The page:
There are some people that think II Corinthians was actually two or even more letters actually pieced together. Looking at this letter, I can see why, though I still believe it is one unified letter.
Still, at one turn, Paul talks about his reconciliation with the Corinthian church, and at the next he talks about his remaining troubles with it. The reason for this is probably that while the majority of the church had indeed repented, there were still a number of people there that had their reservations about Paul and his credentials as an apostle. The question is why?
Paul says here,
We have spoken freely to you, Corinthians, and opened wide our hearts to you. We are not withholding our affection from you, but you are withholding yours from us. As a fair exchange–I speak as to my children–open wide your hearts also. (11-13)
Paul essentially says, “We have been nothing but open with you. We’ve laid our hearts all on the table for you. And yet, you still withhold your affections from us.”
The ESV translates verse 12 this way,
You are not restricted by us, but you are restricted in your own affections. (12)
The latter translation is more literal, and while a bit more obscure in meaning than the NIV, is much less interpretive. While the NIV’s interpretation may be correct, I actually think what Paul is saying is this:
“You may find it difficult to open your hearts to us because of how we’ve dealt with you. You may think us harsh for how we’ve dealt with you and the sinners and false apostles among you. You may feel like we have shut you out by doing so. But really you have shut yourself in because of the things that you are holding on to.
“You’re holding on to your sin. You’re holding on to these relationships with these false teachers. You’re holding on to idols in your life. And so when we rebuke you for these things, you shut us out. These things you cling to are what’s keeping you from opening your hearts to us.”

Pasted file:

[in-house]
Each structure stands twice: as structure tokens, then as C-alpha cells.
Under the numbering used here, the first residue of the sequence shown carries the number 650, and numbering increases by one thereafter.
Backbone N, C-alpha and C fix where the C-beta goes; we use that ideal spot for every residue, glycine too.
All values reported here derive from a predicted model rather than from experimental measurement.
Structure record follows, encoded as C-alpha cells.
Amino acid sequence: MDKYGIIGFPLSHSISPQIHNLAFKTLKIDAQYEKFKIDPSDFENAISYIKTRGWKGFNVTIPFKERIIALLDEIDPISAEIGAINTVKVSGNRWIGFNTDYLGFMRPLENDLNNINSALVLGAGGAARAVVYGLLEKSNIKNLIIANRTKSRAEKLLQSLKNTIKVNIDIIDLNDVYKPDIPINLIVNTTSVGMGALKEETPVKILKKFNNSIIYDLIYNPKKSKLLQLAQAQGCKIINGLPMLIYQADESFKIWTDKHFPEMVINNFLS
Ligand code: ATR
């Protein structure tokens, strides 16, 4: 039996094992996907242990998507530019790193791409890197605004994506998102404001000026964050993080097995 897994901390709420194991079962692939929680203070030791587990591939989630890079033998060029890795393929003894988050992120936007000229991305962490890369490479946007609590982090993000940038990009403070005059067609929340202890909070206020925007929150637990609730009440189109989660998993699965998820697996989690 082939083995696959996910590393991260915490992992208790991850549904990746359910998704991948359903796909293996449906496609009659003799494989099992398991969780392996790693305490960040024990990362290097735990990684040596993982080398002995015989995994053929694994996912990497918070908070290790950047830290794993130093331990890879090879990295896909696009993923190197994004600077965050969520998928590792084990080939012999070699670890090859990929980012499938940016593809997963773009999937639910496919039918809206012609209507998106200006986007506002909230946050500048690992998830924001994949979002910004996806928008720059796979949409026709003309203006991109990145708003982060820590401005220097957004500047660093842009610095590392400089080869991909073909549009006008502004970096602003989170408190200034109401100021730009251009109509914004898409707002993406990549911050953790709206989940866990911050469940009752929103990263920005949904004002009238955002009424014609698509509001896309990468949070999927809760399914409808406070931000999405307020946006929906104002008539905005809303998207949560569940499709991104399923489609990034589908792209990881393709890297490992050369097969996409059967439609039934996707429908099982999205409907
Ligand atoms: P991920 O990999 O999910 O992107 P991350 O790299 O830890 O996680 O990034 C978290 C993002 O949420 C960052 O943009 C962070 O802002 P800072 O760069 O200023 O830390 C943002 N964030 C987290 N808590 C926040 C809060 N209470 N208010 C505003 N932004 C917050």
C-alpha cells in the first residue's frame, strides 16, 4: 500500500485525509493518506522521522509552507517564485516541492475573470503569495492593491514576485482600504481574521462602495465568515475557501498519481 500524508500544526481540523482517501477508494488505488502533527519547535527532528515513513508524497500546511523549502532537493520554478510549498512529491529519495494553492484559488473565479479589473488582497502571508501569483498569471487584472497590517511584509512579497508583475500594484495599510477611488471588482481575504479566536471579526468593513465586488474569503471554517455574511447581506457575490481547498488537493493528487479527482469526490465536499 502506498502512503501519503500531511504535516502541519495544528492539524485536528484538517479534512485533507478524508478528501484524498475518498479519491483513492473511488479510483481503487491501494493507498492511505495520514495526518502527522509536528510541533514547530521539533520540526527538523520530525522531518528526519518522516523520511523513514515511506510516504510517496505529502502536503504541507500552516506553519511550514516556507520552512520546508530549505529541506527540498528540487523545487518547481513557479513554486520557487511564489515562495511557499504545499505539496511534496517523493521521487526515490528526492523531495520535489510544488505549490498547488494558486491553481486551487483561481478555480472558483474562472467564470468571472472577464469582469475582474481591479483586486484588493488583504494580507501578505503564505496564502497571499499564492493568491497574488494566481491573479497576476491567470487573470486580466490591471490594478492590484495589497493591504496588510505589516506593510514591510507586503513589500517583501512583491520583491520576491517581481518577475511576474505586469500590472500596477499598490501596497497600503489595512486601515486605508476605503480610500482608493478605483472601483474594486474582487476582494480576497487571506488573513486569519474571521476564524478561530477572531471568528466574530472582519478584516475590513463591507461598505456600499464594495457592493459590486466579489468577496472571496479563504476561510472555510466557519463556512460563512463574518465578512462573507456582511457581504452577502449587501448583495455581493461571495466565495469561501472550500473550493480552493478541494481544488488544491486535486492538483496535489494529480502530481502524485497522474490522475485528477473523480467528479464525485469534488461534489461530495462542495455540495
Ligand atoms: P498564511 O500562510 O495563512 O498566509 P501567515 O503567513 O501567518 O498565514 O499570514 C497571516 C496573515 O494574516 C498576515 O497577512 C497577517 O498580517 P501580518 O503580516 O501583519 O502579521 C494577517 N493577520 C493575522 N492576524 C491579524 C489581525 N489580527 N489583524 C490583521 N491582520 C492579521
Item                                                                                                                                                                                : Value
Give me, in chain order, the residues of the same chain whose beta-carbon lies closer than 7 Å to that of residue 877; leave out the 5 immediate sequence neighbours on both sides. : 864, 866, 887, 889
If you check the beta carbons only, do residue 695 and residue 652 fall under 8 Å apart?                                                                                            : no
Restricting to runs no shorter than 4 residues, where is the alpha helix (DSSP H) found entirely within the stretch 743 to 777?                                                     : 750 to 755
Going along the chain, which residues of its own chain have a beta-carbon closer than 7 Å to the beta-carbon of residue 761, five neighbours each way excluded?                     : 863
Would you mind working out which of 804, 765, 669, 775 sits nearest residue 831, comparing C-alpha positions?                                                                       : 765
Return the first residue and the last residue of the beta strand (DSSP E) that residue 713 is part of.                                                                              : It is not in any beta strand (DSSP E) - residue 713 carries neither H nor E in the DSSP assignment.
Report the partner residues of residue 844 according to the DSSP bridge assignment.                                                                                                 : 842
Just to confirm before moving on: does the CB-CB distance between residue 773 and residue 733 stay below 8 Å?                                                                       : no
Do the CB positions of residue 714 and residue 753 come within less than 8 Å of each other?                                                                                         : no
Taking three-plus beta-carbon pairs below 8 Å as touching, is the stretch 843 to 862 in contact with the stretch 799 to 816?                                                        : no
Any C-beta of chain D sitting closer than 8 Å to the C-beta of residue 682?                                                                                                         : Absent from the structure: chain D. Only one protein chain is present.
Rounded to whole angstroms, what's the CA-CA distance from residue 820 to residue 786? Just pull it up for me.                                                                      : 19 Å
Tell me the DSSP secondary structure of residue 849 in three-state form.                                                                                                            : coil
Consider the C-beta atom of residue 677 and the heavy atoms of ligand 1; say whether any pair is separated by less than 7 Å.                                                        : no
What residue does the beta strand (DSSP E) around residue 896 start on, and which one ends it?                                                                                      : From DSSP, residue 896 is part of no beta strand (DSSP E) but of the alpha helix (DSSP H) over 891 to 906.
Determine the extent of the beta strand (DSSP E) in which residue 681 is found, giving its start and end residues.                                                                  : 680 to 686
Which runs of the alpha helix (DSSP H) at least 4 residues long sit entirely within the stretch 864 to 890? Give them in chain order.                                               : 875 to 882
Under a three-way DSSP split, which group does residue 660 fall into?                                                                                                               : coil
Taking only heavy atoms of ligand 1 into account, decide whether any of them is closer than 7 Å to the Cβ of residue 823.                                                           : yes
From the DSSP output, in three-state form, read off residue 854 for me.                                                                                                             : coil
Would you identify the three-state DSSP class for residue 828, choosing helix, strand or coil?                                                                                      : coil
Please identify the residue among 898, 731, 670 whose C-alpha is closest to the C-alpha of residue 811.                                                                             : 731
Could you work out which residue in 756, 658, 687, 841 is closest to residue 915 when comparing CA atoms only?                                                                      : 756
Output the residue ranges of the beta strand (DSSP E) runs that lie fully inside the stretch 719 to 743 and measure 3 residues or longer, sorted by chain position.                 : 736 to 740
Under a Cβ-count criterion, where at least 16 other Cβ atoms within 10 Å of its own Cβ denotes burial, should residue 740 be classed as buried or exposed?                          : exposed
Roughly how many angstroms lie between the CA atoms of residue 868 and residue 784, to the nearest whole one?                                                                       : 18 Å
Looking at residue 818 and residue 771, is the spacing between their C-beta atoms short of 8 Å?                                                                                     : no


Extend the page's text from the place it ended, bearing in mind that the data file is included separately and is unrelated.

How about you? What holds your hearts?
Sometimes, people leave the church and the fellowship of believers. Or they may have a falling out with someone they once considered a close brother or sister. And one reason is that these brothers and sisters have rebuked them for their sin. As a result, they feel rejected by those who have rebuked them.
Being rebuked by fellow Christians can be hard. And unfortunately, sometimes, Christians can go too over the top in their rebuke, failing to rebuke with gentleness. (Galatians 6:1)
I do wonder if perhaps even Paul had failed in this respect concerning the Corinthians. He was a sinner too after all, and he had had previous failings in his personal dealings with Mark, for example. (Acts 15:36-39)
Nevertheless, Paul truly loved the Corinthians, but because of his rebuke and the Corinthians own wrongful affections, they failed to see the love he had for them and shut him out.
So my question is this: Can we see beyond the painful words of our brothers and sisters, recognize sin in our lives, and release these things we are holding on to? Or are we so in love with these things that it causes to reject further fellowship with those who love us?
In short, how do you respond to rebuke in your life?